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July 15, 1968

Early Experiences in the Treatment of Falciparum Malaria From Southeast Asia

Author Affiliations

From the Department of Medicine, US Army Hospital, Camp Zama, Japan (MAJ Reed and CPT Steiger), and Preventive Medicine Branch, US Army Medical Command, Japan (CPT Feinstein).

JAMA. 1968;205(3):131-133. doi:10.1001/jama.1968.03140290023006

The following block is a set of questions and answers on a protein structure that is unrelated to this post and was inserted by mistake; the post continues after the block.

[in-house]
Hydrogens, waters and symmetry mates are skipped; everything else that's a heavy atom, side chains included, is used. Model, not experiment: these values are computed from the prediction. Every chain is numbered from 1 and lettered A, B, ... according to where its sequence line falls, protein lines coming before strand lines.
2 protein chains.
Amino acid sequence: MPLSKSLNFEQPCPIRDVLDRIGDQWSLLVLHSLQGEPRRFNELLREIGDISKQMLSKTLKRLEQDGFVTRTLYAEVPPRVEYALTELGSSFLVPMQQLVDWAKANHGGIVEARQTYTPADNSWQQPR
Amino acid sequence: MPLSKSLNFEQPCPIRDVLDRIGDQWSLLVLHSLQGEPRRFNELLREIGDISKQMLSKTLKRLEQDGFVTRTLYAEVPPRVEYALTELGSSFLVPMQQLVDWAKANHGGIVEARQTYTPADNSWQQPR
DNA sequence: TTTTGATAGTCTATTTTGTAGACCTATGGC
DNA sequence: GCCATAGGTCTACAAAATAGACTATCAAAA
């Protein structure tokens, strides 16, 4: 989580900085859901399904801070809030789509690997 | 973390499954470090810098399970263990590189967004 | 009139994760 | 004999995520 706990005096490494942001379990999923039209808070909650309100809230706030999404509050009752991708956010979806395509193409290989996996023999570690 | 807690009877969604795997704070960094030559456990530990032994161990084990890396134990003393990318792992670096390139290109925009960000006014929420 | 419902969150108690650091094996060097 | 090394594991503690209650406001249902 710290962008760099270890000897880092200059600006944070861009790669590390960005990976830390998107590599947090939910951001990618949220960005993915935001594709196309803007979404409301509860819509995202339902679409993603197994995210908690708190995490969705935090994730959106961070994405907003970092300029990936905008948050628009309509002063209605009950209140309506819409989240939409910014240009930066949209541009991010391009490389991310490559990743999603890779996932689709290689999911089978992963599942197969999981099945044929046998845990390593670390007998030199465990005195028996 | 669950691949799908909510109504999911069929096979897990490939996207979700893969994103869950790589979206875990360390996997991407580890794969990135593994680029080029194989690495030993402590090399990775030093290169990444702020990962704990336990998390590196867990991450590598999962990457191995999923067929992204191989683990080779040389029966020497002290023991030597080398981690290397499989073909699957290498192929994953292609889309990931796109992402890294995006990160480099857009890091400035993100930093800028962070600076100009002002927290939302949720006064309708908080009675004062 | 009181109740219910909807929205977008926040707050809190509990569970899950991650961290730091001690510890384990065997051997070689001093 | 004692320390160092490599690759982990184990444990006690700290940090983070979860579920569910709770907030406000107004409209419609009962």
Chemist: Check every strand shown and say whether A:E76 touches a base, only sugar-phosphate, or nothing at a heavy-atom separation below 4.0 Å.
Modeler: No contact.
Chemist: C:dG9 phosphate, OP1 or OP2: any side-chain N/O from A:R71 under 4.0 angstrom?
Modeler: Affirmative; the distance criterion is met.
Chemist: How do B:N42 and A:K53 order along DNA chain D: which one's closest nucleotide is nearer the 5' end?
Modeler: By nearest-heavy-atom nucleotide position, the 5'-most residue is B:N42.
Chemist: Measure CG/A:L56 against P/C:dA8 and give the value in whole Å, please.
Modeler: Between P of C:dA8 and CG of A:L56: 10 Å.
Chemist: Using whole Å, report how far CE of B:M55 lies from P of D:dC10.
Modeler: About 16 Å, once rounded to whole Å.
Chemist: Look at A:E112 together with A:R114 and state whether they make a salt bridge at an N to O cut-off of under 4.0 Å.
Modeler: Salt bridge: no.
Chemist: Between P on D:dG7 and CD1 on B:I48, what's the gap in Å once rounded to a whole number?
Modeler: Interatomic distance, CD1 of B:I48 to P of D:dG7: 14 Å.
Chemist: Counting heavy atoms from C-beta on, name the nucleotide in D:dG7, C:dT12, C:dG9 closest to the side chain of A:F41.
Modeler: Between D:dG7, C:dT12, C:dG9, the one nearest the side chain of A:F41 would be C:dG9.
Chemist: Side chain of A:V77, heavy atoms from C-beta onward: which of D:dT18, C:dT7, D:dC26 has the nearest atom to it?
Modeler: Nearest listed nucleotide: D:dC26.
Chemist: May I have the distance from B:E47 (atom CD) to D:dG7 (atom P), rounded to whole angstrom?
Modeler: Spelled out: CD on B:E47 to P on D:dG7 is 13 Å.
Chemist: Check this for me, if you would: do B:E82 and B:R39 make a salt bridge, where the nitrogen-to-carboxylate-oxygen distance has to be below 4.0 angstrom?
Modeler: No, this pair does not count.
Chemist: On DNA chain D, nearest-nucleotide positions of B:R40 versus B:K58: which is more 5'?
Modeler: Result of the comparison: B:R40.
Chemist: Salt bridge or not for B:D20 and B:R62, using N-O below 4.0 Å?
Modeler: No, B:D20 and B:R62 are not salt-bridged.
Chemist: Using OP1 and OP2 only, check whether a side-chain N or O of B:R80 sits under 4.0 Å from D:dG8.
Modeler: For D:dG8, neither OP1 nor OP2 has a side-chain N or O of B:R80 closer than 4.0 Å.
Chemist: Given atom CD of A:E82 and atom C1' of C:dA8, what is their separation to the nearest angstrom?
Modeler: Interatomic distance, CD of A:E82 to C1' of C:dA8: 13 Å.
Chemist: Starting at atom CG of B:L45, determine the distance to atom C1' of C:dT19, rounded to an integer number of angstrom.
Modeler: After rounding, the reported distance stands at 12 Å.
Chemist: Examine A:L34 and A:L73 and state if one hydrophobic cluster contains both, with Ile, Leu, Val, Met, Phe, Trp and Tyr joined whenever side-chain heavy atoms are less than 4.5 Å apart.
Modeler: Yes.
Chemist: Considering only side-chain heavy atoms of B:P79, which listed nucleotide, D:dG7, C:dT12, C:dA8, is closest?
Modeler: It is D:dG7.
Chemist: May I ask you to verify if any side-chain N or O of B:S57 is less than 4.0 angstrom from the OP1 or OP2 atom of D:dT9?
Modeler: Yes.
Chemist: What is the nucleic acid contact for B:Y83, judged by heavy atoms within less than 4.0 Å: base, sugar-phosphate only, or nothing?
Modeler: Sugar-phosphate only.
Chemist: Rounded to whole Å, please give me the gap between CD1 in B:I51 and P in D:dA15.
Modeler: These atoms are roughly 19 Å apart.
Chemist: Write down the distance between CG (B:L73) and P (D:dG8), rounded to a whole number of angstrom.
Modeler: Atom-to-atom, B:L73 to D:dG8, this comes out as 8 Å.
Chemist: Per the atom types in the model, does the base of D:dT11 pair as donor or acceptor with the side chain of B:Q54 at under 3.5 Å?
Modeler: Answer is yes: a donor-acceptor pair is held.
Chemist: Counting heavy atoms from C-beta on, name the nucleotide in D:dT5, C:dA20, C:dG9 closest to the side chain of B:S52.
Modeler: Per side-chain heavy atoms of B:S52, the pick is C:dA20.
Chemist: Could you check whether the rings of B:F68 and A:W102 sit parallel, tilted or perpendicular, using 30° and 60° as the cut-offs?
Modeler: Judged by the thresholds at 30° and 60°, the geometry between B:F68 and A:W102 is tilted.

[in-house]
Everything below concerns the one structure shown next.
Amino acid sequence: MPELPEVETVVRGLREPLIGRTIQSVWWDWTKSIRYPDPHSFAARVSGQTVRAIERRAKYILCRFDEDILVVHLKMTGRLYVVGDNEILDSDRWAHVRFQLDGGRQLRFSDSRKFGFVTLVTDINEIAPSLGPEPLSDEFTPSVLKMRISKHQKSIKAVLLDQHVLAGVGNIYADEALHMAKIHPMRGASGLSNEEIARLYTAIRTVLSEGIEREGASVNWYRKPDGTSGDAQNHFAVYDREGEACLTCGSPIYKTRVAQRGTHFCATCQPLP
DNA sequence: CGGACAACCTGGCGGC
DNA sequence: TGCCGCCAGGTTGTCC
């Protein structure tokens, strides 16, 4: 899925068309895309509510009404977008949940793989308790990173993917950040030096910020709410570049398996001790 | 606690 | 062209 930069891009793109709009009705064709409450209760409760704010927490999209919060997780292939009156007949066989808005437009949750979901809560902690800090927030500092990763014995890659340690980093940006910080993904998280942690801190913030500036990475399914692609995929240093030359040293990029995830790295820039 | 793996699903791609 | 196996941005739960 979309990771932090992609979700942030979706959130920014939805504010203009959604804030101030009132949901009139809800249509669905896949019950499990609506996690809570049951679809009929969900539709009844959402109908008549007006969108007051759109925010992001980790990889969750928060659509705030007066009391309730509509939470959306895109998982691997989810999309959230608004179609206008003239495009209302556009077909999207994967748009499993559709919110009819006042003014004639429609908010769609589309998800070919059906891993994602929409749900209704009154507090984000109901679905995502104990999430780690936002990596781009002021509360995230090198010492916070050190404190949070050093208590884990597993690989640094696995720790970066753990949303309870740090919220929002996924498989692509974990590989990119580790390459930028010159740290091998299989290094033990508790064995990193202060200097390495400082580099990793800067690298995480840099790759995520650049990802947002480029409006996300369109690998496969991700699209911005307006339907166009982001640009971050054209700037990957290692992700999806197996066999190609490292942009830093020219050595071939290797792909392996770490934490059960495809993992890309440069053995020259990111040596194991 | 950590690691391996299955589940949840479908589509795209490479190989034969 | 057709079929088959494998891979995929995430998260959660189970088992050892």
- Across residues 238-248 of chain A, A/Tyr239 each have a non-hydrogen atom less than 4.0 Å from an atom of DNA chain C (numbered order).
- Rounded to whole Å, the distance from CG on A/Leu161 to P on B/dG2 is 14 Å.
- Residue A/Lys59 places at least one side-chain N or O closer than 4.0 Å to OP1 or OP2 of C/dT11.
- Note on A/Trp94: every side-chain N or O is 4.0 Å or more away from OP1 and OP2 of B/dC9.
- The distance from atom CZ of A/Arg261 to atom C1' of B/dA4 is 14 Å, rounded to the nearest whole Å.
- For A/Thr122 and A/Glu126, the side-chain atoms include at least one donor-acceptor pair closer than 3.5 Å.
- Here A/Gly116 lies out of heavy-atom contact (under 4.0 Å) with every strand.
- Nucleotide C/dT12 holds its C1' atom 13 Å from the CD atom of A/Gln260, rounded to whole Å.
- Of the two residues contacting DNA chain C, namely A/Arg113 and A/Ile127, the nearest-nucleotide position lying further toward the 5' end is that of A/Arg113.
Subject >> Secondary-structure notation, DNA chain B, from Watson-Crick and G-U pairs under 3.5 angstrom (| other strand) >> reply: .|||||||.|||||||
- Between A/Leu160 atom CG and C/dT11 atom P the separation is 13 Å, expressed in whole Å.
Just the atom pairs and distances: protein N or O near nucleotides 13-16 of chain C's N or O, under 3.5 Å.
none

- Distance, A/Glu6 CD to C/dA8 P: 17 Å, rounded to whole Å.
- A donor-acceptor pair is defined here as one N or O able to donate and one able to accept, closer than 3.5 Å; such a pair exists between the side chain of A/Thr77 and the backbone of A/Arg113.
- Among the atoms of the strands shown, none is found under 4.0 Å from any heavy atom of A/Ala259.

Four hundred and twenty-six patients had 859 episodes of malaria due to Plasmodium falciparum in late 1965. An analysis of the results of therapy reveals the following data: chloroquine was successful as treatment in 11% of the cases, quinine in 50%, chloroquine and quinine in 35%, pyrimethamine in 91%, quinine and pyrimethamine in 95%, and all three drugs combined in 80% Quinine alone was more effective, when used for 13 days or longer, than when used for 12 days or less. Chloroquine had a dose-related inhibitory effect on the success rate when combined with quinine. The best combination used was quinine and pyrimethamine.